St. James Farm Master Plan Executive Summary (Updated April 6, 2010)
In 2000, the Forest Preserve District of DuPage County acquired the 607-acre St. James Farm Forest Preserve in Warrenville, Illinois, through a life-estate agreement with Brooks McCormick and formally took possession of the preserve in 2007. Since that time, the District’s Office of Planning has been formulating a master plan for the new preserve.
The Office of Planning has researched the property, collected data, and gathered input from stakeholders to draft the conceptual master plan displayed here. The master plan and supporting documentation were presented at a public open house in October and posted on the District’s Web site for public review and comment for 30 days.
During that time, the District received 115 submissions, many of which contained more than one plan-related comment and question. In all, the District received 192 comments and questions. The following is a breakdown of comments and questions received:
Operations, management and programming issues — 44 percent of comments received
Trail-related issues — 37 percent of comments received
Natural resources — 6 percent of comments received
Site amenities — 5 percent of comments received
Site access and circulation — 4 percent of comments received
Master-plan process — 4 percent of comments received
The District’s Board of Commissioners approved the St. James Farm Master Plan on April 6, 2010.
The preserve is generally bounded by Mack Road on the north, Galusha Avenue on the south, Herrick Lake Forest Preserve on the east, and Winfield Road on the west. Butterfield Road (Illinois Route 56) bisects the preserve. The majority of the southern half of St. James Farm is in agricultural production, and the northern half contains agricultural and equestrian facilities in addition to agricultural fields, mature oak woodlands, meadows, wetlands and Springbrook Creek.
Master Plan Concept
The main farm, with its historic stables, barns, and support buildings, lends itself to be the main interpretive area of St. James Farm. The east farm, with its large show stable and picnic pavilion, is best suited for equestrian special events. The east farm is also where the McCormicks had dressage and jumping arenas, facilities that would be renovated in place. The north farm, developed as a trailhead and picnic area with additional amenities for equestrians, would be supported by a horse-trailer and car parking lot. The south farm, which is largely undeveloped, provides opportunities for restoration activities that would benefit water quality, plant communities, and wildlife habitat. The south farm also features the Galusha House, one of the oldest structures in Warrenville, which has great opportunities for collaboration with the Warrenville Historical Society for interpretation.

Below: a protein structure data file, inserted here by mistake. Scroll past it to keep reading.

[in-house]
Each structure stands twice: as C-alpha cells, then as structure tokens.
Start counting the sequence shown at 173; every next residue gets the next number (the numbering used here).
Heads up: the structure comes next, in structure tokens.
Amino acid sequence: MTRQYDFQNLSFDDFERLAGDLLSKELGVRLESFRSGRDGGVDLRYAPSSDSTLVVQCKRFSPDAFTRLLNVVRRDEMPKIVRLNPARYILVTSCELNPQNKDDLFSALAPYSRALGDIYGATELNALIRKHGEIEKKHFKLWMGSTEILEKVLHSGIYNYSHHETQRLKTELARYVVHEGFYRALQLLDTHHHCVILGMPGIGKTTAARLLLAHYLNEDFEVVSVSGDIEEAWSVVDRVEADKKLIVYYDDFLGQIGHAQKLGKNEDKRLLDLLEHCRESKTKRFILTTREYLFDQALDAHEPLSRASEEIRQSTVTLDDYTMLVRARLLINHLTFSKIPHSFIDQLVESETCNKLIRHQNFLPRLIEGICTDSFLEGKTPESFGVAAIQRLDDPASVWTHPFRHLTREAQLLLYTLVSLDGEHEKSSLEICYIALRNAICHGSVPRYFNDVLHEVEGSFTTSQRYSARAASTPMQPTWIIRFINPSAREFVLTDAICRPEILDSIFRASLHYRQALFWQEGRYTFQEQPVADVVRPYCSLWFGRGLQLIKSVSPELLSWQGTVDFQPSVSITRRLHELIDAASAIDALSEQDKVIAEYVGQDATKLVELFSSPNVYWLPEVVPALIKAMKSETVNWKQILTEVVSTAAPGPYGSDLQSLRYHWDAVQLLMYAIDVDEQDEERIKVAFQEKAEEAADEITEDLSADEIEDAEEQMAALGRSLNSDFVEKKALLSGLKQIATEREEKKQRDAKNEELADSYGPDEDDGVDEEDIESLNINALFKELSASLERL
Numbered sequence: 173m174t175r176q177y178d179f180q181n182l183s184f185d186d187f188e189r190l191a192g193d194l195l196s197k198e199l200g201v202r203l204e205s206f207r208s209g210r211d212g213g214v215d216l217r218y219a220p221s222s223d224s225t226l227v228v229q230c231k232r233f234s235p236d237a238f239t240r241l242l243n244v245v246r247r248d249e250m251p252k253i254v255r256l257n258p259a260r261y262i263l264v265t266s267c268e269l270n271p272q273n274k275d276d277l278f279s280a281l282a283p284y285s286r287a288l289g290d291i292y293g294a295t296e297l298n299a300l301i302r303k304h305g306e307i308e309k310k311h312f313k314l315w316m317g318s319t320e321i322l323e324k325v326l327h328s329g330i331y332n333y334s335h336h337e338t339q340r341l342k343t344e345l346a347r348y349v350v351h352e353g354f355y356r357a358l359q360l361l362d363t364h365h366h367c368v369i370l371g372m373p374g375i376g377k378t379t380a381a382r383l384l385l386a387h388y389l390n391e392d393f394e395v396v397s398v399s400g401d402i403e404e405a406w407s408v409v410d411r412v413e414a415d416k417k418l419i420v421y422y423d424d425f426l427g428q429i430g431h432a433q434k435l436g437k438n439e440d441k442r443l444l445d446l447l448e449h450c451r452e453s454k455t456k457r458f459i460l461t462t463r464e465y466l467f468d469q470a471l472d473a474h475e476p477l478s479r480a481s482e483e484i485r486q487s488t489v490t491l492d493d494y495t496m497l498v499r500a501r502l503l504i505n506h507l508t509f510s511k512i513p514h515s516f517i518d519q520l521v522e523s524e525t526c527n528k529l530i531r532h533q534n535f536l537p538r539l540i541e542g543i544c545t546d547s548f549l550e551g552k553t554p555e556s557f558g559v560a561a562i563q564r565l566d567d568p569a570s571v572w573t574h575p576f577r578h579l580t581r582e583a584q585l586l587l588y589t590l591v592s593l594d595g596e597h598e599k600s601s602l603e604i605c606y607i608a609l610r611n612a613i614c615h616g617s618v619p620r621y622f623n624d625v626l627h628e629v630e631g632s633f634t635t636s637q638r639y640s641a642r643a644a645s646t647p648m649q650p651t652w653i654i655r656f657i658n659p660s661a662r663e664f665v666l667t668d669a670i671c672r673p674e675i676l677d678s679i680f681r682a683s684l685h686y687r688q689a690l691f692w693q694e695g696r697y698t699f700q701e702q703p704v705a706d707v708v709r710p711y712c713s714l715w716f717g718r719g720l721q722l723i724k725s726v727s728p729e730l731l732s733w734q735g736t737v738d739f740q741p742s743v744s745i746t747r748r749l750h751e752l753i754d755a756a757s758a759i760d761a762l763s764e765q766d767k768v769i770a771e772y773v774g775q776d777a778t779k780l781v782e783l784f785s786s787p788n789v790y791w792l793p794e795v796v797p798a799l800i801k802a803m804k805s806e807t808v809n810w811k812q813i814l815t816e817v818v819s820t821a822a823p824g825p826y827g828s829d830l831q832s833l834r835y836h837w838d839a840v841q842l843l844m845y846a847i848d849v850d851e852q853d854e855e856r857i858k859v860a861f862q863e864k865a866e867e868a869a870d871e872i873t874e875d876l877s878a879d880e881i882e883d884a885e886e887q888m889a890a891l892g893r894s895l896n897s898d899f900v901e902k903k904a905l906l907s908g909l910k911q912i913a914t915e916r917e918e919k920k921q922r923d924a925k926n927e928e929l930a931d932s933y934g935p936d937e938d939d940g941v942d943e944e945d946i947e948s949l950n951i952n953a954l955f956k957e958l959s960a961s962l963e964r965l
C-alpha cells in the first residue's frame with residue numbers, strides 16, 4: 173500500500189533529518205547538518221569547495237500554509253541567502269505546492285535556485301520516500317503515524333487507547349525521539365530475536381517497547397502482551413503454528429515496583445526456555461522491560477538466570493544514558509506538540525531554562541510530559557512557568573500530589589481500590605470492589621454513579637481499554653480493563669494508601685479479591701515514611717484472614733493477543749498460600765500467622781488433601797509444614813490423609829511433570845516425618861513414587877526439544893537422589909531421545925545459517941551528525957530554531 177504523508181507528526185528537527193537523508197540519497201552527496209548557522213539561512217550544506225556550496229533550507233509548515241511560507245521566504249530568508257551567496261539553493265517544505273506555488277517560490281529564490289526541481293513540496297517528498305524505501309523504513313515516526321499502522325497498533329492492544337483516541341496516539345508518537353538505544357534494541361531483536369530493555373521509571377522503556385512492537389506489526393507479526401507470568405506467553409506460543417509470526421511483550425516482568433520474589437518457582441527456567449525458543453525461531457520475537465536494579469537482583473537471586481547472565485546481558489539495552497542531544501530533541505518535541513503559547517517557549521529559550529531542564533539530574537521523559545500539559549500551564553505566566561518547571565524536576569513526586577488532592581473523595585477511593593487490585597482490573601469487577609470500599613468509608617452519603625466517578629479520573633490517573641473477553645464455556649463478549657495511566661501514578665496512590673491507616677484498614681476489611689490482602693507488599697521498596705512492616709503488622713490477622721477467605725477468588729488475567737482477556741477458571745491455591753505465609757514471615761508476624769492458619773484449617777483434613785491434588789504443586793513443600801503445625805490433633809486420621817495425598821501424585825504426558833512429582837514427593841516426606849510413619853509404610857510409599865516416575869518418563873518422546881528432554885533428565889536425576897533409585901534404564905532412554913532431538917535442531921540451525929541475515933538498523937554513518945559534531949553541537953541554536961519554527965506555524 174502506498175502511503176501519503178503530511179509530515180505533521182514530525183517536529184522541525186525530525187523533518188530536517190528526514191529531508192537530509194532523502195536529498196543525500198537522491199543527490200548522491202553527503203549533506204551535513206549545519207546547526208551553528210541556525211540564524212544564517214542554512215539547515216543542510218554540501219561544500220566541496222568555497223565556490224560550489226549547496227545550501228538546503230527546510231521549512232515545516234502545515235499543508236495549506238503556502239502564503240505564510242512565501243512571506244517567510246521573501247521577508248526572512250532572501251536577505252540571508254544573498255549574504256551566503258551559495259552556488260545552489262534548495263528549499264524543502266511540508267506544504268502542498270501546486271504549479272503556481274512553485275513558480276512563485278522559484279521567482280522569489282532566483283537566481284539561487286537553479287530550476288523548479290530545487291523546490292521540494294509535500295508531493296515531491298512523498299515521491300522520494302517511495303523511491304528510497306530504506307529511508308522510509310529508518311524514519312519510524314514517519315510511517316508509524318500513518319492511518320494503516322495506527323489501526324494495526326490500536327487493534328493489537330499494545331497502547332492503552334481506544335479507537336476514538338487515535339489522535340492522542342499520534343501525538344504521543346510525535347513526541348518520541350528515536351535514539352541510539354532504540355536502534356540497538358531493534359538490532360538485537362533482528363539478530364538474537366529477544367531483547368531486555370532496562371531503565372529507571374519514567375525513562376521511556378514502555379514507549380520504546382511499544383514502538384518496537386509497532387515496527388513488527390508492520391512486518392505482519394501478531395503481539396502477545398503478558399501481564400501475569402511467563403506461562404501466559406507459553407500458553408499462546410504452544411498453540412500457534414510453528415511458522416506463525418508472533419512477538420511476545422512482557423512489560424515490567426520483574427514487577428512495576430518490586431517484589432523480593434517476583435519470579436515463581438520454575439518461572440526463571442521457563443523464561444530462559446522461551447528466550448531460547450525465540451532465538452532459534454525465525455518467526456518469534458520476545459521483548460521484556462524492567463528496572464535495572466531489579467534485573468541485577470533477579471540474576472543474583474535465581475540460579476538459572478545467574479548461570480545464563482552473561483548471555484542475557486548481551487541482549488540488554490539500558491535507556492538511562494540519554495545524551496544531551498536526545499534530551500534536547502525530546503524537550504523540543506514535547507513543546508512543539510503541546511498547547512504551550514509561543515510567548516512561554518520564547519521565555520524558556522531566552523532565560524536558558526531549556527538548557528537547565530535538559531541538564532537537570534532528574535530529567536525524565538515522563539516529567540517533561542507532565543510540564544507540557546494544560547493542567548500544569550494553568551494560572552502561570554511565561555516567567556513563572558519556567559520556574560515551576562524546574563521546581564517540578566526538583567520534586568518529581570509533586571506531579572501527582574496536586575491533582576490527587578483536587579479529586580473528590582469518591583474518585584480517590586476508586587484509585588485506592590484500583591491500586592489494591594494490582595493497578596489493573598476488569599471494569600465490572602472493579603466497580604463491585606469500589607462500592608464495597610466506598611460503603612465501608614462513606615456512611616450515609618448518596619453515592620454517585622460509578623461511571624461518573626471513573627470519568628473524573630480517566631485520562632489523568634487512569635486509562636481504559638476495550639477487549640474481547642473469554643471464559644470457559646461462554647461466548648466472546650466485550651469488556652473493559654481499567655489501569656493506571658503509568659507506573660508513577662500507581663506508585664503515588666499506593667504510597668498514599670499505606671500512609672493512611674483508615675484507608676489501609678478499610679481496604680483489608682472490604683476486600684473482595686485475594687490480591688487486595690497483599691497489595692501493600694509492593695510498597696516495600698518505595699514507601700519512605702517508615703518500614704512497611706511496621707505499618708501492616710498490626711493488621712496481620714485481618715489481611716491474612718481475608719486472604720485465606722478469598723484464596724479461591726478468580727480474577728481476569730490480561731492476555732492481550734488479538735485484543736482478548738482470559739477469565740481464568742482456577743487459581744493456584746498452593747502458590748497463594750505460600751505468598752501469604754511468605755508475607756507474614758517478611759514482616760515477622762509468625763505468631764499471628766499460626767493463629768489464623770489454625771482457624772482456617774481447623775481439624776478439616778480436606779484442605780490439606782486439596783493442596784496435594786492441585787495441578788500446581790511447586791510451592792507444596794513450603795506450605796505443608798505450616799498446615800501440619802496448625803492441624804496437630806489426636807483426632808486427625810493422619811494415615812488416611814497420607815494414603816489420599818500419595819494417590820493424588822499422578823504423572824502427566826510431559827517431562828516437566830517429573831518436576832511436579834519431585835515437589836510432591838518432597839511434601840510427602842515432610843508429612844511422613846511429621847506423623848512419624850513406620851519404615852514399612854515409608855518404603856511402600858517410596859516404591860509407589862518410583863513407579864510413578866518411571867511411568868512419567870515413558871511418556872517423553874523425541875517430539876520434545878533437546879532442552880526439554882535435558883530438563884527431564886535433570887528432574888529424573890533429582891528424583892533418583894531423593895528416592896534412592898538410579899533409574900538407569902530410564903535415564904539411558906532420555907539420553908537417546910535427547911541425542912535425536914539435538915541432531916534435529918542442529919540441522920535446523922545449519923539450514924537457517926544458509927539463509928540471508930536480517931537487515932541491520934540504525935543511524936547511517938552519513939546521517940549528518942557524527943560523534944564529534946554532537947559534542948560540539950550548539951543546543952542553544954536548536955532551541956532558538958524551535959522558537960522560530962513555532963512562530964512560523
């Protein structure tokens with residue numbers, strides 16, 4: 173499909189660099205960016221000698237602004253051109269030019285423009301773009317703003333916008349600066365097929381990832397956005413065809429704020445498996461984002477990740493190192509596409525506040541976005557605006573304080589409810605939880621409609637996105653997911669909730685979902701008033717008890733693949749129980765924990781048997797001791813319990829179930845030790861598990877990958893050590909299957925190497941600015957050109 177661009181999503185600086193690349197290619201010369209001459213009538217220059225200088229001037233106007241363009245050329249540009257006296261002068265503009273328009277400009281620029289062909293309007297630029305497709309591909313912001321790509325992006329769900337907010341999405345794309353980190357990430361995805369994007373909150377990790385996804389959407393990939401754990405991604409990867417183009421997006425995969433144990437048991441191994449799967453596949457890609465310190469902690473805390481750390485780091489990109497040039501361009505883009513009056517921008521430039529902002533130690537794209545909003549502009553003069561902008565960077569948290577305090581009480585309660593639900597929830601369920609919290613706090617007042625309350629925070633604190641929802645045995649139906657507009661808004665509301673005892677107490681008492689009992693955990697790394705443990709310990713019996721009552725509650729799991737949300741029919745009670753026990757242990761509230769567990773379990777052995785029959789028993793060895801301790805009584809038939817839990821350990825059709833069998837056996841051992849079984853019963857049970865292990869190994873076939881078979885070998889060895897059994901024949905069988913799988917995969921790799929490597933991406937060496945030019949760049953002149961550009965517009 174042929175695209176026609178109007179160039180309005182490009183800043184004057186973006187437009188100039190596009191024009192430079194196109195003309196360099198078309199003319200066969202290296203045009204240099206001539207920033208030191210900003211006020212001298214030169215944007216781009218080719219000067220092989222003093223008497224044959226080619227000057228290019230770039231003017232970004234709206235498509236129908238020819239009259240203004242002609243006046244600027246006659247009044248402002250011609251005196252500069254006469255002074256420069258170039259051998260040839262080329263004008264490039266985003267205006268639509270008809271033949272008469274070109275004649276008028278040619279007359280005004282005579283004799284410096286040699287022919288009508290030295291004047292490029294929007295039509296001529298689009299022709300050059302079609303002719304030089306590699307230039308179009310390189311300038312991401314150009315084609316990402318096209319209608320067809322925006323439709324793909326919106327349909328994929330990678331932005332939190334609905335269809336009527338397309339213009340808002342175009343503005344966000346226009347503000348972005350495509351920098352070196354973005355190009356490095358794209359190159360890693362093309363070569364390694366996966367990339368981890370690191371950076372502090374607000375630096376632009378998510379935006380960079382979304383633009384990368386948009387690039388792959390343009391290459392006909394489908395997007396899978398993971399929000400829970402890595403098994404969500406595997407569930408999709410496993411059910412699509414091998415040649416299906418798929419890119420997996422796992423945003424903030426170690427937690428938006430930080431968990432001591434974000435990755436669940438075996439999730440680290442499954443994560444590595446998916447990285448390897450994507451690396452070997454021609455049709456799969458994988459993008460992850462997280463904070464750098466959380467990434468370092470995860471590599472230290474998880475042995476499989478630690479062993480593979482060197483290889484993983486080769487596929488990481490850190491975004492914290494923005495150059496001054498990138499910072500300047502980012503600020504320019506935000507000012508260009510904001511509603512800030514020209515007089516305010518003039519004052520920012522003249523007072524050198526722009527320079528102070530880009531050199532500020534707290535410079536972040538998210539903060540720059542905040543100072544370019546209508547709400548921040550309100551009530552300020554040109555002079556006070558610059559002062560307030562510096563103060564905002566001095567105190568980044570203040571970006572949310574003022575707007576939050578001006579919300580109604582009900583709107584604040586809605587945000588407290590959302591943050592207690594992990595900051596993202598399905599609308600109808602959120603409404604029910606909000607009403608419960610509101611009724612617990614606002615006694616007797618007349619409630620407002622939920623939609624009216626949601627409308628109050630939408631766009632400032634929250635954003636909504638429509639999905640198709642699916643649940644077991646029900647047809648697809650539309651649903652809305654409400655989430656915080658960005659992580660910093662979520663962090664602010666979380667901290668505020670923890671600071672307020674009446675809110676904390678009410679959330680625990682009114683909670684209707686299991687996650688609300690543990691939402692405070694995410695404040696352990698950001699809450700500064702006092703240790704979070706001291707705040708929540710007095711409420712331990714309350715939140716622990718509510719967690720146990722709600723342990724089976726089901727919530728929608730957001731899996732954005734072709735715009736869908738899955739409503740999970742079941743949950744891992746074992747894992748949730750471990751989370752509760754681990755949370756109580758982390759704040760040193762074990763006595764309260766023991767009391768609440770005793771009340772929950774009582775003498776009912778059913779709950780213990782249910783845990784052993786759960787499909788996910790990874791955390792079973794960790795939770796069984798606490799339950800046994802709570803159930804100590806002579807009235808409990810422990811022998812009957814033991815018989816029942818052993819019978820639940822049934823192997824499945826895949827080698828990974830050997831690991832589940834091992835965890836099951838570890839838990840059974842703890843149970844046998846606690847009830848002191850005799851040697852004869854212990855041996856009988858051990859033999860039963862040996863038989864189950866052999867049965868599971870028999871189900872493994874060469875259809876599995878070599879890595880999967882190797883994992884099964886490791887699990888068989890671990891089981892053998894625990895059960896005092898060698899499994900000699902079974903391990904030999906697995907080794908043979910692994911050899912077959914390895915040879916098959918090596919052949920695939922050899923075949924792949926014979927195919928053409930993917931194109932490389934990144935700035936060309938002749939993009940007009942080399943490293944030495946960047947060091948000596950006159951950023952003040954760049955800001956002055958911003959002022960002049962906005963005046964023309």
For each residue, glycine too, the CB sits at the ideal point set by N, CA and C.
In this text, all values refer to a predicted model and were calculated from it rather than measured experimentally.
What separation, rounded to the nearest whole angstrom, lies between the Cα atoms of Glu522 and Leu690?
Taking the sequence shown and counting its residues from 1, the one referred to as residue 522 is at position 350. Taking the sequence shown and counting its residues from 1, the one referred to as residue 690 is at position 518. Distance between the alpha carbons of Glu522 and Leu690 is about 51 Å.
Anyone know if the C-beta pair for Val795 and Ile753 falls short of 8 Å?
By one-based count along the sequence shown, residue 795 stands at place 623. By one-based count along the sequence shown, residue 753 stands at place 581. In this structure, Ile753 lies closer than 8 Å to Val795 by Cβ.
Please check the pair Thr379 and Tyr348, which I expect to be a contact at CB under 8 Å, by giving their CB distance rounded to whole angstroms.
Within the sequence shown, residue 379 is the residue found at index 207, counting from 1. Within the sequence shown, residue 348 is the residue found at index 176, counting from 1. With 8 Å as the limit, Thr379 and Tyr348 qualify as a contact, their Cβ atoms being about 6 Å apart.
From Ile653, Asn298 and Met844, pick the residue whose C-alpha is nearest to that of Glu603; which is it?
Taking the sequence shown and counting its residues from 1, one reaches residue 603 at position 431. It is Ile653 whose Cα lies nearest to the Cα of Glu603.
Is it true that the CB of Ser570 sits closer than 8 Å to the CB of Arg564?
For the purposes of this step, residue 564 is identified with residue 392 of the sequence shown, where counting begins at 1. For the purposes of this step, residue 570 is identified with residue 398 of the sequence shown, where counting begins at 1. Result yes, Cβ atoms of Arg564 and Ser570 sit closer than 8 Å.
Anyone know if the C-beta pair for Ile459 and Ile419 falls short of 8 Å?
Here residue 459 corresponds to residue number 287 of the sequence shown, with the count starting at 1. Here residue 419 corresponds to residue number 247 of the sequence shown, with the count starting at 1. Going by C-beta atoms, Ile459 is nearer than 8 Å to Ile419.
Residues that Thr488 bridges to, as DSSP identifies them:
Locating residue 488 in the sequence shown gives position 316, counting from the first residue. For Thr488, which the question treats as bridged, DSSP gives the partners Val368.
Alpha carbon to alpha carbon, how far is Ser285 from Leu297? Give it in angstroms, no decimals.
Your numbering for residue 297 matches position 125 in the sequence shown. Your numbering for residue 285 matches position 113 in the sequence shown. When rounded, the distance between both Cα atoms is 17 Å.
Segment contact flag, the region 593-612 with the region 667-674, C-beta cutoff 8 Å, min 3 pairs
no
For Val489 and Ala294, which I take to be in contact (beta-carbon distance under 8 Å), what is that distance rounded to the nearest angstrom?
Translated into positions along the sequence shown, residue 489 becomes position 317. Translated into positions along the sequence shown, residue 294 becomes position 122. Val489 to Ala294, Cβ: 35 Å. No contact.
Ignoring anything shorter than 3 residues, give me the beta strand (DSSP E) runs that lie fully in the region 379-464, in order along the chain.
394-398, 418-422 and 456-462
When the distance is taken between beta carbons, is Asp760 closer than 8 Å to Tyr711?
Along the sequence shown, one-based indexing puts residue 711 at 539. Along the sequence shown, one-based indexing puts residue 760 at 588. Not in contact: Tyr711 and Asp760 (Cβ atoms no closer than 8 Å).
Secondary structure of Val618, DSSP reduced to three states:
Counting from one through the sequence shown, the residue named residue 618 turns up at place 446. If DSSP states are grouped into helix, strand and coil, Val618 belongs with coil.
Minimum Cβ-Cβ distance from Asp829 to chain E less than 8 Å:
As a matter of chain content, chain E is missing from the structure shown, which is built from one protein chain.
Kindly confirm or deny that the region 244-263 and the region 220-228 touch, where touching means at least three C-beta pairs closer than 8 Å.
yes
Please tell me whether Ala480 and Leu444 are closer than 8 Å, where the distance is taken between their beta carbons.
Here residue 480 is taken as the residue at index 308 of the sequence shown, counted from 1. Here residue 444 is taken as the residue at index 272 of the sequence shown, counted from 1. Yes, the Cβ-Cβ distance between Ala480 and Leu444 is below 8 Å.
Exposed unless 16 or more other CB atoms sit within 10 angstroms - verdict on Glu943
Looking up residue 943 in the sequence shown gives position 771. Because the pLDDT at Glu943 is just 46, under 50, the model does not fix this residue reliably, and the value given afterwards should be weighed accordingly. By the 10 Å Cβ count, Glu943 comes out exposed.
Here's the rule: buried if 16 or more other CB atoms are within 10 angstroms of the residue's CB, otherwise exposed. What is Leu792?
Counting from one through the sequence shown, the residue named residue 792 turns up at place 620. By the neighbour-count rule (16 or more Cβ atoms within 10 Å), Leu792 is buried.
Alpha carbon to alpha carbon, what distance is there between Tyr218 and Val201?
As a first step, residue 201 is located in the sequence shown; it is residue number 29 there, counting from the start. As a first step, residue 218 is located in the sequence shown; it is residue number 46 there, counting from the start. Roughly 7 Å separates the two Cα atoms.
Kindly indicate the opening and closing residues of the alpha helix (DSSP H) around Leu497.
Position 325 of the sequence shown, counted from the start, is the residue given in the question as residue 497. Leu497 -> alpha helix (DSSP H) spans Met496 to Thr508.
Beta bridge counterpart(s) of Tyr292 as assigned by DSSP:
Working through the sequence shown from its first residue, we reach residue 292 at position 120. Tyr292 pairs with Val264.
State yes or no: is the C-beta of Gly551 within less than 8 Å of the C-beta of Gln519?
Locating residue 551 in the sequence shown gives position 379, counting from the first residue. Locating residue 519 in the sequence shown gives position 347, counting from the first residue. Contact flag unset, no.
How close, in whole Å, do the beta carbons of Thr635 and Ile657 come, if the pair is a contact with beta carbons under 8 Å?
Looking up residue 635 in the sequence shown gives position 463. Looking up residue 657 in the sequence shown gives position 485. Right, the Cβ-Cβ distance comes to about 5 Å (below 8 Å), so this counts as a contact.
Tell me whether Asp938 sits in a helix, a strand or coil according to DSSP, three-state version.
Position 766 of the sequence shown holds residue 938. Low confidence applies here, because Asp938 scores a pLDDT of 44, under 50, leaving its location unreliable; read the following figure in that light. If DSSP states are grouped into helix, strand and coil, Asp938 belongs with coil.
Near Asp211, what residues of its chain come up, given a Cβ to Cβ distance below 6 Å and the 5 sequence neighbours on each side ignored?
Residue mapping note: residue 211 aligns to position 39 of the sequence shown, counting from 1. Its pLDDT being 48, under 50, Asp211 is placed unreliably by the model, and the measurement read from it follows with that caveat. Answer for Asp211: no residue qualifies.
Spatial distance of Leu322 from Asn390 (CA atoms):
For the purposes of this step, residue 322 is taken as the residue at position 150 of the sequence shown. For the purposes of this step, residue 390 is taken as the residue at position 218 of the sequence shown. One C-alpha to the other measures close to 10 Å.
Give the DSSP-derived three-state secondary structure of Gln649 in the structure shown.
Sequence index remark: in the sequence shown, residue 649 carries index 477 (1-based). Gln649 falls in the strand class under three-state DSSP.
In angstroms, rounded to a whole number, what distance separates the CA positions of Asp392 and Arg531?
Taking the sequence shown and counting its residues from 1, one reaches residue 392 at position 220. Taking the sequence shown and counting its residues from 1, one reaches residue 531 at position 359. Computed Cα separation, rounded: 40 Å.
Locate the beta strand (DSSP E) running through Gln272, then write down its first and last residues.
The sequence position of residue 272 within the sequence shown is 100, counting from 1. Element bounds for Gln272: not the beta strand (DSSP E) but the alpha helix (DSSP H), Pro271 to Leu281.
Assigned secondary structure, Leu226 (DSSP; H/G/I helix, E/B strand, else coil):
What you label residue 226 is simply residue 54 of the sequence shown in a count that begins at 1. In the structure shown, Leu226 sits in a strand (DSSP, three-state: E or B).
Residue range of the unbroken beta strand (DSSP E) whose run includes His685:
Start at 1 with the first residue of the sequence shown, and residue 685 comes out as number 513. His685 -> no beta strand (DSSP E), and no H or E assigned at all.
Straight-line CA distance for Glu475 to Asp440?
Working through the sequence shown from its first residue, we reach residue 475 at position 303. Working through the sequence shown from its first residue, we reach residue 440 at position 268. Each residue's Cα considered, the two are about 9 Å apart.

Circulation, Parking, and Trails
The main entrance is on Winfield Road north of the intersection with Butterfield Road. The main access road passes through the former deer park, scattered with mature oak trees. On a hill along the route, a picnic area with a small parking lot, shelter, and restroom overlook the pond. The main parking area is west of the main farm complex, centrally located to access the main interpretive area, a small catch-and-release fishing pond, and pedestrian trails. The meadow south of the main access road would be mowed several times per year for overflow parking during special events. Vehicular access to the east farm would be allowed only during special events through the Hoy Avenue entrance. By keeping the circulation separate between the main farm and the east farm, conflicts between vehicles and trail users will be greatly minimized. During special events involving horses, trailers would be allowed to use the trail in a controlled, managed fashion from Mack Road down to the east farm area on a special-use-permit basis. The trail and bridge over Springbrook Creek would be upgraded to support trailers but would not be so wide as to not have the appearance of a trail. The south farm has a small parking lot accessed from Galusha Avenue near the historic Galusha House; the lot would support programming at the house as well as trail users.
The multipurpose trail system, which connects to both sides of St. James Farm via the existing Butterfield Road underpass, passes through rolling, mature woodlands; restored prairie and meadow areas; and wetland and riparian habitats. It connects to the Illinois Prairie Path; other forest preserve trails that lead to Herrick Lake, Blackwell, and Warrenville Grove forest preserves; and the neighborhood and middle school to the south. Bicycle parking is provided to encourage riders to park their bikes in the main farm area. When considering trail alignments, efforts have been made to utilize historic trail alignments and allées of trees and to use existing on-site sculptures as focal points.